Editorial: Did State Superintendent Evers Blow His Chance at Reelection?
By Brandi Makuski
In December of last year I received a news release from the “Tony Evers 2013” campaign. For those who don’t know, Dr. Evers is Superintendent of the Wisconsin Department of Public Instruction (DPI). In other words, he runs the public school system throughout the state, and he’s up for reelection on April 2.
Evers is also responsible for implementing the “single vendor option” for student information systems, which forces all 440 school districts to use the same company, instead of allowing healthy and fair competition to determine need in the market. It’s just one of countless initiatives designed to restrict otherwise local control that Evers has employed since being elected in 2009.
According to the news release, the School Administrators Alliance (SAA), which “represents more than 3,000 public school principals, special education directors, business officials and superintendents throughout Wisconsin”, announced its endorsement of Evers for his 2013 run.
This endorsement came just weeks before the DPI announced it was dropping Stevens Point- based Skyward in favor of Minnesota- based Infinite Campus as the vendor for the statewide student information system- a computer system that manages student and financial information from a single database used by parents, teachers and administrators.
I wonder how many of those 3,000 principals and other administrators have a spouse, sibling, friend or neighbor either employed by Skyward or a child enrolled in a school using Skyward as it’s vendor.
Each of seven potential vendors, including Skyward, was graded in several different areas including ease of use, availability of information and cost. Infinite Campus beat out Skyward, according to the DOA’s Grand Master Summary, by 887 points in cost and 1445 points in technical score.
The factors relating to how each area was scored, or how the total number of points were determined, has not been made available; instead of making each area a total possible “100%”, the possible total score for each area ranges from 210 to 1596 and makes no logical sense.
In an interview with the City-Times, Skyward officials claim the process was changed “at the eleventh hour” but would not elaborate because the company’s challenge on the decision was pending.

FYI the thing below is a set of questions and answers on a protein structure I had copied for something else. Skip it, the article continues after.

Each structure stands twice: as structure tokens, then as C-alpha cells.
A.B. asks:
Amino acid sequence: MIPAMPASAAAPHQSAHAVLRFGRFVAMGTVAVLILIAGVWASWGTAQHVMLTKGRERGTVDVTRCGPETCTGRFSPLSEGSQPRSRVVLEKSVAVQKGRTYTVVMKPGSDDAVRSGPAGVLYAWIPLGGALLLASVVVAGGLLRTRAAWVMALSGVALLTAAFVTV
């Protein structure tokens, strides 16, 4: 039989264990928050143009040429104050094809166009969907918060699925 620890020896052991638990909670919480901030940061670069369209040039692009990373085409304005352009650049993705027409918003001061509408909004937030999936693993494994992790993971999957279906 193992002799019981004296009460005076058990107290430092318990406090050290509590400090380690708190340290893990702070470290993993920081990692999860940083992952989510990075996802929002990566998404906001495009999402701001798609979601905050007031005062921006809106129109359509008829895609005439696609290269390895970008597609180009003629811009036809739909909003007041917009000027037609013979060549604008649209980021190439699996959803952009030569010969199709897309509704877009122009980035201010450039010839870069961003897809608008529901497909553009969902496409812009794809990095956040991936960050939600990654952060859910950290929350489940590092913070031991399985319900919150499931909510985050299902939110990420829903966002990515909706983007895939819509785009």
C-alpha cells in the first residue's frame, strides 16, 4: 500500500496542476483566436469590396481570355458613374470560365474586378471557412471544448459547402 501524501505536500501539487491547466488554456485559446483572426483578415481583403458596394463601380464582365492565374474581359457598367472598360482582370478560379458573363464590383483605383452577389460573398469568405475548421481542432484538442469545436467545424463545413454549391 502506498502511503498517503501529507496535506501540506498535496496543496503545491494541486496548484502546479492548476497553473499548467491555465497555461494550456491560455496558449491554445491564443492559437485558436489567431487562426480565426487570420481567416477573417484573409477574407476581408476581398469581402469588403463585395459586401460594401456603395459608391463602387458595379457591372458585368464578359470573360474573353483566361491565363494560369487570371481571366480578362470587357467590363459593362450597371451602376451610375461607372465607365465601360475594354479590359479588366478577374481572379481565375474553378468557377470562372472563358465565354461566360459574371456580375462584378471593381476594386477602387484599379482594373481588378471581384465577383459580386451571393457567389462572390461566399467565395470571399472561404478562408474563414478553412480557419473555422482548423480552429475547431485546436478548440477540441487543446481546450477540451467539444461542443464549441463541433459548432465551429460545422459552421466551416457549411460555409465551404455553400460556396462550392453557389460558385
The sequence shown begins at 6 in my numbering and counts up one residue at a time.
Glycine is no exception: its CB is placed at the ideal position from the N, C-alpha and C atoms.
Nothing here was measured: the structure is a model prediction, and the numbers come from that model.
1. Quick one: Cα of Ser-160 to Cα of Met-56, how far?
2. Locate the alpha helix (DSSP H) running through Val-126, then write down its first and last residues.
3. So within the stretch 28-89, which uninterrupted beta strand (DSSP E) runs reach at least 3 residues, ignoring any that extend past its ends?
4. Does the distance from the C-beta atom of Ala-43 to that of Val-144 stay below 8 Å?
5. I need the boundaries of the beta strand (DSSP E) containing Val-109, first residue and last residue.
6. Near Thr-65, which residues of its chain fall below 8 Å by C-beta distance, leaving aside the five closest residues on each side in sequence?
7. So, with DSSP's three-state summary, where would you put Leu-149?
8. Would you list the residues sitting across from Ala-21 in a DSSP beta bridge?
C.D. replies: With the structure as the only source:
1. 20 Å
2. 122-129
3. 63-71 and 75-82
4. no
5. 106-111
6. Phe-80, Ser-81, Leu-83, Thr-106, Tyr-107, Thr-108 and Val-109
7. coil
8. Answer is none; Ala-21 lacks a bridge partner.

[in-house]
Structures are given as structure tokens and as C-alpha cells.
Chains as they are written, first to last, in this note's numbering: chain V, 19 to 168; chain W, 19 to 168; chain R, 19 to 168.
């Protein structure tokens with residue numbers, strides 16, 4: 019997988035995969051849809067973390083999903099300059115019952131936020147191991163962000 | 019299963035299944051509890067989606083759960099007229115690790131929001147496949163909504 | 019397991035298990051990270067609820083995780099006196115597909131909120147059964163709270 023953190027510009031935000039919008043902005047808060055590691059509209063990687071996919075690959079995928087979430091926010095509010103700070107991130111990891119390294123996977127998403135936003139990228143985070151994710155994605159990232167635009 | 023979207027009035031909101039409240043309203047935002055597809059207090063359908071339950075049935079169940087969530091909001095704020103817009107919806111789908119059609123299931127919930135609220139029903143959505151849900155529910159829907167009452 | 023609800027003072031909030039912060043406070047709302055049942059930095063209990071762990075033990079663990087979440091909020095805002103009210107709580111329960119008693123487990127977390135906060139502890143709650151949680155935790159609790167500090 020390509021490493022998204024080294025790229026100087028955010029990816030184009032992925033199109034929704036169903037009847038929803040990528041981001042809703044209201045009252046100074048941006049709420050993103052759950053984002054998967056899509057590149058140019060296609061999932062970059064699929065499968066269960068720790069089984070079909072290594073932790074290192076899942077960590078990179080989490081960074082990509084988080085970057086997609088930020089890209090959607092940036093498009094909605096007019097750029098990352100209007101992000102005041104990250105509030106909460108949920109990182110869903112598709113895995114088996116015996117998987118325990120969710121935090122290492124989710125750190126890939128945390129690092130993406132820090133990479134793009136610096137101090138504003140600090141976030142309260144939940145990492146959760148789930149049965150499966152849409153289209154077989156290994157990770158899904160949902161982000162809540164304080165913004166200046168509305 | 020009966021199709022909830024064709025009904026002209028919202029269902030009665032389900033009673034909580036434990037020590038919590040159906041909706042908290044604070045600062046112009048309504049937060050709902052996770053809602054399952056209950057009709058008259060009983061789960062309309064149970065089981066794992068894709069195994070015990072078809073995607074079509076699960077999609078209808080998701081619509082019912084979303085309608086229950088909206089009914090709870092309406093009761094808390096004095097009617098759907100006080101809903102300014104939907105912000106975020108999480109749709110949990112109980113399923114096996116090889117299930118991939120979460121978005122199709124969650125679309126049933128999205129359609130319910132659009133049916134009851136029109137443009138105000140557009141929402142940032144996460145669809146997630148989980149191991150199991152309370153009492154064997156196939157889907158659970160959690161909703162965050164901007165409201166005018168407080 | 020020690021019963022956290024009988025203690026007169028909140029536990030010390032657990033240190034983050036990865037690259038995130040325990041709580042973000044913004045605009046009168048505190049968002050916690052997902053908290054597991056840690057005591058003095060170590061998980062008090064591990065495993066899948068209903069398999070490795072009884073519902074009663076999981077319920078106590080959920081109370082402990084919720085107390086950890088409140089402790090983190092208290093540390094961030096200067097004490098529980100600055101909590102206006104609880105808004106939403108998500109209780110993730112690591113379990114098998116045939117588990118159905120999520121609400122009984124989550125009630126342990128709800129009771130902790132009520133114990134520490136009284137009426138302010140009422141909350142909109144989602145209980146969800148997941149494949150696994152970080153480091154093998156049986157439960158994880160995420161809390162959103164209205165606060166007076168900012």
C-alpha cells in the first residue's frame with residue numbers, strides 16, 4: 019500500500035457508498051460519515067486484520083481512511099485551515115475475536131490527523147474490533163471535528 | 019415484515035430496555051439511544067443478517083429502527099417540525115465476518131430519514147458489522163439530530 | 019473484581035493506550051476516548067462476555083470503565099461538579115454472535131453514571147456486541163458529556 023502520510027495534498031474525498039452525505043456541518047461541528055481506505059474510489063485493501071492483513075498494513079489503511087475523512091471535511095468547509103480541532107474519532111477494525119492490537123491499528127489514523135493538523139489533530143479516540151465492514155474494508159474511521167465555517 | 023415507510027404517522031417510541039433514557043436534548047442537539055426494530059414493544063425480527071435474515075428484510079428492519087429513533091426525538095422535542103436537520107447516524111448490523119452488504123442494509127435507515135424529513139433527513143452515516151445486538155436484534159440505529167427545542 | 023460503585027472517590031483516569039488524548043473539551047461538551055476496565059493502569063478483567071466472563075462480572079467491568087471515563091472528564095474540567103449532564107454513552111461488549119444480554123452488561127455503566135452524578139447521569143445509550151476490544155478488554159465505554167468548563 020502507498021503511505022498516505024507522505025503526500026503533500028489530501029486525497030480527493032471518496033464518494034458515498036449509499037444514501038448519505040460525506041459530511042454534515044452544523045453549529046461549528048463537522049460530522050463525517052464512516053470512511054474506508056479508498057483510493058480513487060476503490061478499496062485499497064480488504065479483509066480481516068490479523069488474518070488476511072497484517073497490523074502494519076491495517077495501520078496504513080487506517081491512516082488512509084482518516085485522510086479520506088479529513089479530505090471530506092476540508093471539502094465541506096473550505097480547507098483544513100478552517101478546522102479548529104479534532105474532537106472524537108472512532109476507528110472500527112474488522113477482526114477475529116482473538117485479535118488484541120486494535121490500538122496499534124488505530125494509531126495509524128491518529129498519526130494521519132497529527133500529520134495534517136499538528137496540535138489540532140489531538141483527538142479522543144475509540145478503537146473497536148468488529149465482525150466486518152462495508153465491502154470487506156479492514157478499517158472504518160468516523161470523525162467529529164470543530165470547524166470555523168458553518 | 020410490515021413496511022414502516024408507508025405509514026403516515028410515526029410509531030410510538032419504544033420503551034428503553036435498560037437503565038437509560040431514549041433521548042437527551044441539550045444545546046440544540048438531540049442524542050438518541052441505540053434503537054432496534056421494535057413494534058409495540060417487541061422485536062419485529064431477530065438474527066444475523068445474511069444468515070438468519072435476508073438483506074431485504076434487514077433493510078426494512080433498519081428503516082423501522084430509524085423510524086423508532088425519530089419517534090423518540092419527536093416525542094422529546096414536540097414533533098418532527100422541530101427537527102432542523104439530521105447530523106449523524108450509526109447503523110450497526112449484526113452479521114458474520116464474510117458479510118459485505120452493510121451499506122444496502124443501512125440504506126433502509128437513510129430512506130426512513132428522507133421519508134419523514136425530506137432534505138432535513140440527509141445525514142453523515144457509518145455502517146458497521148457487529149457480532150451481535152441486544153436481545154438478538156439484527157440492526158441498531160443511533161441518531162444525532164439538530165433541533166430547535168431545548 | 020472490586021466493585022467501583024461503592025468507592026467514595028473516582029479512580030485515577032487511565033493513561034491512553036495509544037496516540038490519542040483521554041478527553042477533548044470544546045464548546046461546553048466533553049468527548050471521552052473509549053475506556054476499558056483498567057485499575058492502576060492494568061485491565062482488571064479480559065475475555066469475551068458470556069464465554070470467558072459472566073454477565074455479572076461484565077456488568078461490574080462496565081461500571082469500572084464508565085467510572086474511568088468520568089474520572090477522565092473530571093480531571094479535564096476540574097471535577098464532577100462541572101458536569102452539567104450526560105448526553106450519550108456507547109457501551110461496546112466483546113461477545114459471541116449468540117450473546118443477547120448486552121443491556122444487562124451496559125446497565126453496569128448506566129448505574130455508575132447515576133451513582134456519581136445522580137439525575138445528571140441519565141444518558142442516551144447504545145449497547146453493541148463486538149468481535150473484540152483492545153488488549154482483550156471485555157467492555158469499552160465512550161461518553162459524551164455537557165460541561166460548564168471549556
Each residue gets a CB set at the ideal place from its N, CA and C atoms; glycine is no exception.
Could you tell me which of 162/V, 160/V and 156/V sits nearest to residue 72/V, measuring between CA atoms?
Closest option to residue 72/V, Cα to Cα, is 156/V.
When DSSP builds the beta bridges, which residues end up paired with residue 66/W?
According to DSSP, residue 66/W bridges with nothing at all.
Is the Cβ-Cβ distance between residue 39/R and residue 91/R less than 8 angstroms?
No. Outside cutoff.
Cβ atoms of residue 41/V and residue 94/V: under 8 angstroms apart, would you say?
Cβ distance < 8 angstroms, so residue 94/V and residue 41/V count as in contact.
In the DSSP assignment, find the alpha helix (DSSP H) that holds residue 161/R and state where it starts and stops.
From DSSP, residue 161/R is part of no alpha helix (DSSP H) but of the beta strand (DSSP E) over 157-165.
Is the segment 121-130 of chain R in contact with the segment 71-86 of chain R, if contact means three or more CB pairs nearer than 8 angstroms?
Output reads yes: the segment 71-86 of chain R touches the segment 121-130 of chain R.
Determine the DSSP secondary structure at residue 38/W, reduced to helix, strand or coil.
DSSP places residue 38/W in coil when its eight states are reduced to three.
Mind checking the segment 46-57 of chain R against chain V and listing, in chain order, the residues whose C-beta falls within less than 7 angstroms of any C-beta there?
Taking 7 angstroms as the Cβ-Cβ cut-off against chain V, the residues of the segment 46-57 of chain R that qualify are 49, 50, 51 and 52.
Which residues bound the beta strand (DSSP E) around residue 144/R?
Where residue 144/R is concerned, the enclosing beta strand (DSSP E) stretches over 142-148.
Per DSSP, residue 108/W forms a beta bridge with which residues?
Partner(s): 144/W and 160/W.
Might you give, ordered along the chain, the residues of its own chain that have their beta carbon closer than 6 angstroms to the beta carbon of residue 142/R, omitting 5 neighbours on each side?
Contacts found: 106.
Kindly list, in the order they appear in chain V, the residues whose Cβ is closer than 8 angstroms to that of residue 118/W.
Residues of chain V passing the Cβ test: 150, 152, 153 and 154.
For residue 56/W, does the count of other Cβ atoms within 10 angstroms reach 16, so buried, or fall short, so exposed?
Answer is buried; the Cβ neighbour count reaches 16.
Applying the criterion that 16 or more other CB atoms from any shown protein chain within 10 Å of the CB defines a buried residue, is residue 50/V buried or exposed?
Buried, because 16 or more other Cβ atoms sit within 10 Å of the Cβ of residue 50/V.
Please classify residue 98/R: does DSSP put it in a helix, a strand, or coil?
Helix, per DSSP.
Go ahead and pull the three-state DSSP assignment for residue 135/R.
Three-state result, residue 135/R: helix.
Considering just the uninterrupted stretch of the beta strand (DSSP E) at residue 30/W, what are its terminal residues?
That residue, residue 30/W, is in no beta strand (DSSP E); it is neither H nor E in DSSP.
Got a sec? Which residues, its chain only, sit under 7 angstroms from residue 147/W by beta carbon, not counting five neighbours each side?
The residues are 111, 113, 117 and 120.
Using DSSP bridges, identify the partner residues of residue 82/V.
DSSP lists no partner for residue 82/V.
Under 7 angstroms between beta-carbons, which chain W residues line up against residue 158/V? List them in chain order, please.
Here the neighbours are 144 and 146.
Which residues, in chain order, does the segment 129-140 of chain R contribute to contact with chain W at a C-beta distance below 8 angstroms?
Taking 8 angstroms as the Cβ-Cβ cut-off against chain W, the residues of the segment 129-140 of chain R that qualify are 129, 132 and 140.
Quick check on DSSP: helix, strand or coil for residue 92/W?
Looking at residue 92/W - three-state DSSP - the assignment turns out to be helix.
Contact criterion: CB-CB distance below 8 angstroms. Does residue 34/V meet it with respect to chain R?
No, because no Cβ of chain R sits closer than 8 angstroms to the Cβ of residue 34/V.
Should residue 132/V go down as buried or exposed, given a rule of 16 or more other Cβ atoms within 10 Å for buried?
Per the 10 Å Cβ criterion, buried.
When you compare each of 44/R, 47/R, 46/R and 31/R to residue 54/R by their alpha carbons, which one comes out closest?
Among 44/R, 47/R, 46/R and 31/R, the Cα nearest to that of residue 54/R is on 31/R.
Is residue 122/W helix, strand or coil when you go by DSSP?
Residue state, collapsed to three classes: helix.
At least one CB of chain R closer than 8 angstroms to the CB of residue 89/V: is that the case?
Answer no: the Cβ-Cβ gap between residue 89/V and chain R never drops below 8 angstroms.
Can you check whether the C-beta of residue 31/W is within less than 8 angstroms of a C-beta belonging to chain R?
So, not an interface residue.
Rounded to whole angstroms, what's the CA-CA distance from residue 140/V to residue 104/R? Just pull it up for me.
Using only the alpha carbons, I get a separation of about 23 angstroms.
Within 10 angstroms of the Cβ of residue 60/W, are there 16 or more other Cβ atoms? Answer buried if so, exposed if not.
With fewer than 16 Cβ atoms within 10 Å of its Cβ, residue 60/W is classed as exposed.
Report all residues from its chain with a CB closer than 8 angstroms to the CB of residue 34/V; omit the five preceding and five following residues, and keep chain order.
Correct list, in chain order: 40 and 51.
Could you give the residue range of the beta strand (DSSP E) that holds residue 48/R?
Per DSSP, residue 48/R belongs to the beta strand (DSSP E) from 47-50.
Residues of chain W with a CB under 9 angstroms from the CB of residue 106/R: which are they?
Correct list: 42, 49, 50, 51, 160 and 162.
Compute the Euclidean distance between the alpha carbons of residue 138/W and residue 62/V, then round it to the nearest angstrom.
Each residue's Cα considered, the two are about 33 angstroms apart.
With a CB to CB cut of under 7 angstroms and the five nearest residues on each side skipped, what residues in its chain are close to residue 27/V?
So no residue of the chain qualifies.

For argument’s sake, let’s say the process was indeed objective and Infinite truly did beat out Skyward in these areas, true and fair. Any shortcomings by Skyward could undoubtedly be improved upon to reflect what the state is looking for in a vendor- why would the company not have been given that opportunity to meet a set of state standards since the single vendor option was chosen by the DPI?
Any cost- savings state officials claim by using Infinite would be dwarfed by the cost to our community. We’re talking about 300 employees who could potentially pull up stakes and either move with Skyward- as the company has stated it would do if the decision isn’t reversed- or simply move elsewhere in search of other comparable employment.
That’s 300 families- likely over 1,000 people currently living in and around Stevens Point. 1,000 people no longer contributing to the local economy- no longer buying apples from the Farmer’s Market, no longer purchasing cars from Scaffidi and no longer contributing to the tax base which pays the salaries of our mayor, our school board and our governor.
300 families could potentially pull children from our schools; 300 homes could potentially go up for sale all at once.
It’s a problem because it was Evers’ idea to switch to a single- vendor for the student information system, despite massive outcry from the public and school officials throughout the state. It removed any sense of fair market competition and many thought the move to a single vendor was needless and unwarranted.
A so- called “open, fair, impartial and objective” review of the process was performed by DeWitt, Ross & Stevens Law Firm; the same Madison law firm which was also hired by the state teacher’s union to represent 22 local retirees as they threatened to sue the Stevens Point school district claiming breach of contract over benefits last year. That’s the same union that contributed nearly $600k to Evers’ first campaign for the superintendent seat in 2009.
The SAA has not reversed its decision to continue endorsing Evers, despite massive outcry over the Skyward decision from officials throughout the state, including our own State Senator Julie Lassa, State Assembly Representative Katrina Shankland, Portage County Executive Patty Dreier and Mayor Andrew Halverson- not to mention the 300 employees this decision directly affects.
You have to admit, however, no other event in recent history has so united our community across the boundaries of political divisiveness. It’s likely the only good that we’ll see come from this decision. At least until Election Day- when Dr. Evers could potentially learn just what Wisconsinites think about his single vendor option.